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‘Closed Circuit’ gives actress the chance to play a ‘flawed’ woman

Dennis King Published: September 6, 2013
Rebecca Hall
Rebecca Hall


NEW YORK – Rebecca Hall said she likes playing “flawed” women, and so she relished essaying the role in “Closed Circuit” of an upright British lawyer with a dark secret in her past that not only puts her case at risk but her life as well.

As prim and brainy barrister Claudia Simmons-Howe in director john Crowley’s complex legal thriller, Hall (daughter of celebrated English theater director Peter Hall) sinks her teeth into the role of a woman who is both flawed and noble at once.

“Closed Circuit” concerns a high-profile terrorism case that unexpectedly binds together two ex-lovers on the defense team – testing the limits of their loyalties and placing their lives in jeopardy.

Appointed a “special advocate” in defense of an immigrant accused of engineering a London terrorist bombing, Hall’s character is deeply immersed in a rigid system of British jurisprudence but is willing to deceive her bosses and cut corners in order to mount a vigorous defense of her client. That includes covering up an affair she previously had with her hunky co-counsel (played by Eric Bana).

During press interviews for the film, hosted by Focus Features, Hall explained that she dislikes roles that paint women as one-dimensional or too virtuous.

“We need to be villains sometimes, too,” the actress said. “We need to be messy and sloppy and three-dimensional and complicated. That’s what goes into writing a strong woman character. I like that this woman was making mistakes and was compromised.”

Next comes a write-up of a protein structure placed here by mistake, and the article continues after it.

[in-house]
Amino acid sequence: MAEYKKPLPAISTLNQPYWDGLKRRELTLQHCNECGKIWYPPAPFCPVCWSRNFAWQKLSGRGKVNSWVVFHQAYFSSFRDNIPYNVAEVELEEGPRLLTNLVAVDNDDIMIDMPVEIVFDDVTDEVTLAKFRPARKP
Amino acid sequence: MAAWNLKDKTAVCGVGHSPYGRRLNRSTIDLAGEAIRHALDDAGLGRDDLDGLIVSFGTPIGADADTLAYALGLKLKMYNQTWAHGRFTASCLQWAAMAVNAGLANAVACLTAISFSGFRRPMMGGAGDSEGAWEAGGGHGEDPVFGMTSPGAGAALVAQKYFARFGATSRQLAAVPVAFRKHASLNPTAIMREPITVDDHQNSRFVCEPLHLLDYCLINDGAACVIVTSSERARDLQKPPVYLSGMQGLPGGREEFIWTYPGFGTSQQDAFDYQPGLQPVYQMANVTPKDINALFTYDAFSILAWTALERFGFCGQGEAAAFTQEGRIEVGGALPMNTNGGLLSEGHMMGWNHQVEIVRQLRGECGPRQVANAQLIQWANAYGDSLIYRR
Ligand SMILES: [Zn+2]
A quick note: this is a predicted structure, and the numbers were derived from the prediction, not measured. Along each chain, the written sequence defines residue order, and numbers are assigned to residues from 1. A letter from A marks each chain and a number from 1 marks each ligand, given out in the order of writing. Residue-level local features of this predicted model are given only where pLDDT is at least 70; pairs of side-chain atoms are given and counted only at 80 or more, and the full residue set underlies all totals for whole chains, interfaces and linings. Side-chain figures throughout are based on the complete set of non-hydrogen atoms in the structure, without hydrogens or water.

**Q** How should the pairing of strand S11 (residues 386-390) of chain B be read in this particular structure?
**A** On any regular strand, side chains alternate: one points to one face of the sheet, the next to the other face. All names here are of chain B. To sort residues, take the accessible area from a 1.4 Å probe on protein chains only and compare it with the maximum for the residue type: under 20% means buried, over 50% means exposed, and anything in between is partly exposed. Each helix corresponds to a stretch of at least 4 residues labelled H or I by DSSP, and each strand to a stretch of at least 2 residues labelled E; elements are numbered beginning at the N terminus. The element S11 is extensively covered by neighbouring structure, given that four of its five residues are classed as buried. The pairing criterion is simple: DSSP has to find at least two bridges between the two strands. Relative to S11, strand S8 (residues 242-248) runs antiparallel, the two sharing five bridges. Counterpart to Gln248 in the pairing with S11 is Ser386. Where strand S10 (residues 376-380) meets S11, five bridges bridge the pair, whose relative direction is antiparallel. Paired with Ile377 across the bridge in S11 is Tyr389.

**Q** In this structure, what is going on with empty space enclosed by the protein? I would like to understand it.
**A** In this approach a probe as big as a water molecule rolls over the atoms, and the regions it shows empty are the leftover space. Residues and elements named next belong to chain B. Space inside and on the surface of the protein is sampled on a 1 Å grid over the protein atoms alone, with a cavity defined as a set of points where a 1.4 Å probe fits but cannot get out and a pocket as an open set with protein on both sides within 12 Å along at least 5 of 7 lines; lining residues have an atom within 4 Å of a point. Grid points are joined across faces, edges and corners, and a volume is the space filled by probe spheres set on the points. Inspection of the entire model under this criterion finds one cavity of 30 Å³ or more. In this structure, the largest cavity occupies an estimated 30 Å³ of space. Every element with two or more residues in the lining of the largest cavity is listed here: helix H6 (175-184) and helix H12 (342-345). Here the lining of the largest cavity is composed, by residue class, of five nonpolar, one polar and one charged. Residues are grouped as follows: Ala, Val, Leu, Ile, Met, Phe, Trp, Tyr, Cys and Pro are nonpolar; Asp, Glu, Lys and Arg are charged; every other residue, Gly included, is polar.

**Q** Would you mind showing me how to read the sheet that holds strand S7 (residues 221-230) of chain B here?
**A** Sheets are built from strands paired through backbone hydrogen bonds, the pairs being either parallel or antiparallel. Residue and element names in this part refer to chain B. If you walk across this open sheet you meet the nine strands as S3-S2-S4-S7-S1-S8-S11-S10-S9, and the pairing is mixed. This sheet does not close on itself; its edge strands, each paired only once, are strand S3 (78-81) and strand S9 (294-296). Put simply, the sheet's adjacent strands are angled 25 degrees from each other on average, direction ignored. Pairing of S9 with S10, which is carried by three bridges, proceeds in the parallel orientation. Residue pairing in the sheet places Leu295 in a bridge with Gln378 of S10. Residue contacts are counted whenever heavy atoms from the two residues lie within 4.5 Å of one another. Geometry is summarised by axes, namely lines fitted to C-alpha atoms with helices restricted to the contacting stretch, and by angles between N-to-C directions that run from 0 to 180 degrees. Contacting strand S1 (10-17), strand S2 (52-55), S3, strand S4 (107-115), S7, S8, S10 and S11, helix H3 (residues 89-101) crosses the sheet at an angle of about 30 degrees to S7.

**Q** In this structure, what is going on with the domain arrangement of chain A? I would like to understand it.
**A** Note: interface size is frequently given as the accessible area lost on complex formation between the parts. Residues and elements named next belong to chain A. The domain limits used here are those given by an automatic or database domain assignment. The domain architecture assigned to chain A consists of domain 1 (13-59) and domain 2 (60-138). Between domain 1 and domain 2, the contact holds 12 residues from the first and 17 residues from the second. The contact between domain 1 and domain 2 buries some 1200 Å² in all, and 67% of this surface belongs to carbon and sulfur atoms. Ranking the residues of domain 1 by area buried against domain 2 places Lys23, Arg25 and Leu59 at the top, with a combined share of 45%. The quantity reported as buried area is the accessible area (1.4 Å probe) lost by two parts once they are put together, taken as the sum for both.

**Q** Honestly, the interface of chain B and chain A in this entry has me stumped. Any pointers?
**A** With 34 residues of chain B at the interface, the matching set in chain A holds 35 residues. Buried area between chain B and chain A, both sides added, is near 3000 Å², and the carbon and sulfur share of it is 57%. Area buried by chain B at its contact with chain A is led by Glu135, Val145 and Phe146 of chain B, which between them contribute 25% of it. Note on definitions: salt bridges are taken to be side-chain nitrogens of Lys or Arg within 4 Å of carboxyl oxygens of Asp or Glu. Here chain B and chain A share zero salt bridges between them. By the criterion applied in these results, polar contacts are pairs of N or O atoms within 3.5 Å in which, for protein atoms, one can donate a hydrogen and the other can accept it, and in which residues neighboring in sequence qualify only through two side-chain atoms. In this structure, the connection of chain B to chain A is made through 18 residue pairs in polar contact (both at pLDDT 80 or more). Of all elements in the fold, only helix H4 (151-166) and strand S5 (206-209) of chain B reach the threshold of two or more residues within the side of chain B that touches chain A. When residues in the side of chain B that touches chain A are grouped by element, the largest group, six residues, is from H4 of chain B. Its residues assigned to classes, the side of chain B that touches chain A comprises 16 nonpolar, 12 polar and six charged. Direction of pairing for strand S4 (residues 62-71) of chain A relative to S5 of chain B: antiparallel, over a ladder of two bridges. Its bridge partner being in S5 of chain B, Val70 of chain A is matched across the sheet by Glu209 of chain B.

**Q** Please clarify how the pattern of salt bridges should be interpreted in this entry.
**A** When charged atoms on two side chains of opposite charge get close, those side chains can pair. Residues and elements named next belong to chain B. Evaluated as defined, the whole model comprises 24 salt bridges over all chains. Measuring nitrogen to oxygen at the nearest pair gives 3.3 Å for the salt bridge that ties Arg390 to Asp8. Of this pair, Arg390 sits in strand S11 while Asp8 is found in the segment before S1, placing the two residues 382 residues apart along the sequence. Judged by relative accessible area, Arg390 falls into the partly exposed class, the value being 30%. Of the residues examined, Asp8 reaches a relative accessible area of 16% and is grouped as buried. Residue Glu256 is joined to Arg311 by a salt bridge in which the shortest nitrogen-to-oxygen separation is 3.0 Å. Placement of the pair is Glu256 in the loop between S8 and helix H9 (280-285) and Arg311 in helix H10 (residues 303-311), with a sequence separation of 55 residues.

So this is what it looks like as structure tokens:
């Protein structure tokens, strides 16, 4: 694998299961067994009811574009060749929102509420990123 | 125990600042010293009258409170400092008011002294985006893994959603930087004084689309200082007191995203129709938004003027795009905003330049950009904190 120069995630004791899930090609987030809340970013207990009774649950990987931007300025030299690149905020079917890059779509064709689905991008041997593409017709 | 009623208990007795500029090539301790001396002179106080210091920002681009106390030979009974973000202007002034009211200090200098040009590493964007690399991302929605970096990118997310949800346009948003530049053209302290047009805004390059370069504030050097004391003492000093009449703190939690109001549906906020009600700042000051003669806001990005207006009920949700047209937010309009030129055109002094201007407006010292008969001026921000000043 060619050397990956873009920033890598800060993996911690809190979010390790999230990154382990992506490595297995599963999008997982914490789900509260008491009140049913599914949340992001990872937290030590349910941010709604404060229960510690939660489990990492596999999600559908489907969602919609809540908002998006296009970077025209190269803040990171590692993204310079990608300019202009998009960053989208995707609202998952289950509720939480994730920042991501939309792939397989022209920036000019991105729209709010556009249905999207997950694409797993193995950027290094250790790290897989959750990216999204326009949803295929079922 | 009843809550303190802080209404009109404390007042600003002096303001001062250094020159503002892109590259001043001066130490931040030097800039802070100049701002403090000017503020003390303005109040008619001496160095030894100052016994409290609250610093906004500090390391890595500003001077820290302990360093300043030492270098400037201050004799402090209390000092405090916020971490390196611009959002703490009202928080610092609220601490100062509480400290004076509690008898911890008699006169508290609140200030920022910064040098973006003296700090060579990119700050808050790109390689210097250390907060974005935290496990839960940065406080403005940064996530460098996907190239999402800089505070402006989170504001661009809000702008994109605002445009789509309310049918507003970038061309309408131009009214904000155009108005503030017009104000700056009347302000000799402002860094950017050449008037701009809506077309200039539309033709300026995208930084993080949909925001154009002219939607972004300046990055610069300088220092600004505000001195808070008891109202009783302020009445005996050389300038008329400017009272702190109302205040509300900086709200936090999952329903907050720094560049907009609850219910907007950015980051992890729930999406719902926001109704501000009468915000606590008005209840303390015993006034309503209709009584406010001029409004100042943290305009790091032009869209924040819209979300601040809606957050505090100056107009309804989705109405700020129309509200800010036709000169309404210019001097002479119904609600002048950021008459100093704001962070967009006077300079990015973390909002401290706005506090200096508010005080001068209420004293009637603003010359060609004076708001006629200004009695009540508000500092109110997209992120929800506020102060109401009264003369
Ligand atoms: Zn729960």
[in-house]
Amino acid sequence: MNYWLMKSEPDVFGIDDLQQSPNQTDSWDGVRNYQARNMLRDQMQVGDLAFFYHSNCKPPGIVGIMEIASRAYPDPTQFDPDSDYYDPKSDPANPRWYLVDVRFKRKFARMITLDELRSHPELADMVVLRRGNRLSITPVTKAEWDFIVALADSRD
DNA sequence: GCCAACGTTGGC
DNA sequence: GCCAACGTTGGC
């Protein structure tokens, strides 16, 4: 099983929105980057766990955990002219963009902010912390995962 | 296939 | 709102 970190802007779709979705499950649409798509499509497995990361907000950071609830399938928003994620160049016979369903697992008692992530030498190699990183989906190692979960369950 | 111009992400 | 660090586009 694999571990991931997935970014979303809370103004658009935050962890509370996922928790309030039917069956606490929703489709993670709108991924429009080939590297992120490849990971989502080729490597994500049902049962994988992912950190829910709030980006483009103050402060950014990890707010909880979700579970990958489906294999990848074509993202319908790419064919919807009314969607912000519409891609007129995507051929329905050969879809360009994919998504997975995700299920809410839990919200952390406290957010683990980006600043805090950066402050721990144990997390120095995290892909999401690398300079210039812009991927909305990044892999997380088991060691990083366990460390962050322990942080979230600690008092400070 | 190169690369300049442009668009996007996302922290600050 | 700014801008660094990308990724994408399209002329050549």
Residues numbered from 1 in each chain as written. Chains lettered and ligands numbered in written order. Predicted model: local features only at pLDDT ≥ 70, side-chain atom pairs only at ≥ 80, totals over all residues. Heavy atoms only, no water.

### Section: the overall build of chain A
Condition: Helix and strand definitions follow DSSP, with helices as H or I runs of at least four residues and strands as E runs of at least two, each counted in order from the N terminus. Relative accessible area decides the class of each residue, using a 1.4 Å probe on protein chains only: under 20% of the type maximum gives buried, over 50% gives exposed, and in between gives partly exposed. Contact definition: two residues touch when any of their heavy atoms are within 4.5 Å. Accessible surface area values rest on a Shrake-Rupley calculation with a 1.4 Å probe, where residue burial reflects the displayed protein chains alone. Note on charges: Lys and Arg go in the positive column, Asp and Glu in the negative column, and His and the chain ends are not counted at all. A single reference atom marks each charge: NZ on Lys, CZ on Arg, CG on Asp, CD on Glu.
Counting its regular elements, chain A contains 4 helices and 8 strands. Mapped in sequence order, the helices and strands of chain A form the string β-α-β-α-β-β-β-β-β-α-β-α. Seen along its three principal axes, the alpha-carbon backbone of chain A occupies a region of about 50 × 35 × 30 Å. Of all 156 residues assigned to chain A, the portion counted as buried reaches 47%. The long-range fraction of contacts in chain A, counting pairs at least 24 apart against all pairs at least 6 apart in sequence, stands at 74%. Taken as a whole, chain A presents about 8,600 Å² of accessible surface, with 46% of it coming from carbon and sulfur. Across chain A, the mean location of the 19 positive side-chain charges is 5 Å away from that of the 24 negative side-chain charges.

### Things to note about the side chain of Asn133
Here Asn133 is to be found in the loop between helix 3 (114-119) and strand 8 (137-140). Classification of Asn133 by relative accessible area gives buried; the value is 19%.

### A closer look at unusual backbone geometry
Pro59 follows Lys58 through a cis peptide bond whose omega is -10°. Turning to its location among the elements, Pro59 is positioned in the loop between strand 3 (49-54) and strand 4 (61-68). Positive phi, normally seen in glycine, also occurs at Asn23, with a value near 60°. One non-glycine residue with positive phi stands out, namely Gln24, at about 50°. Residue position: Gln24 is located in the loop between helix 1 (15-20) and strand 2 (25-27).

In order to prepare for the role, Hall said she spent a lot of time researching the arcane ins and outs of the British legal system.

“I became a bit of a courtroom junkie,” she said. “I’m always interested in people watching. And it’s rare that I have something this concrete and a profession that’s entirely new for me to watch.”

Her approach to creating a full-blooded, complex character, she said, goes beyond the words in the script.

“I don’t really believe in the (Stanislavski) Method, but I believe in a method,” she said, “and my method is different for every job. It’s a combination of things – saturation in the world of the script and finding the daily life of the character. I’ll do weird, nerdy things like make a (musical) playlist or find each character’s own perfume. There are levels of going down the rabbit hole. And there are jobs I’ve gone far, far down and I don’t know how I’m going to get out.”

Hall admitted this flawed character might just be a tune-up for another role to come. Later this year, she will appear on Broadway a long-forgotten 1928 play titled “Machinal.”

“It’s a story based on a true murder case,” she said, “the one that inspired ‘Double Indemnity’ and ‘The Postman Always Rings Twice.’ It centers on a woman who had an affair with a younger man and kills her husband.”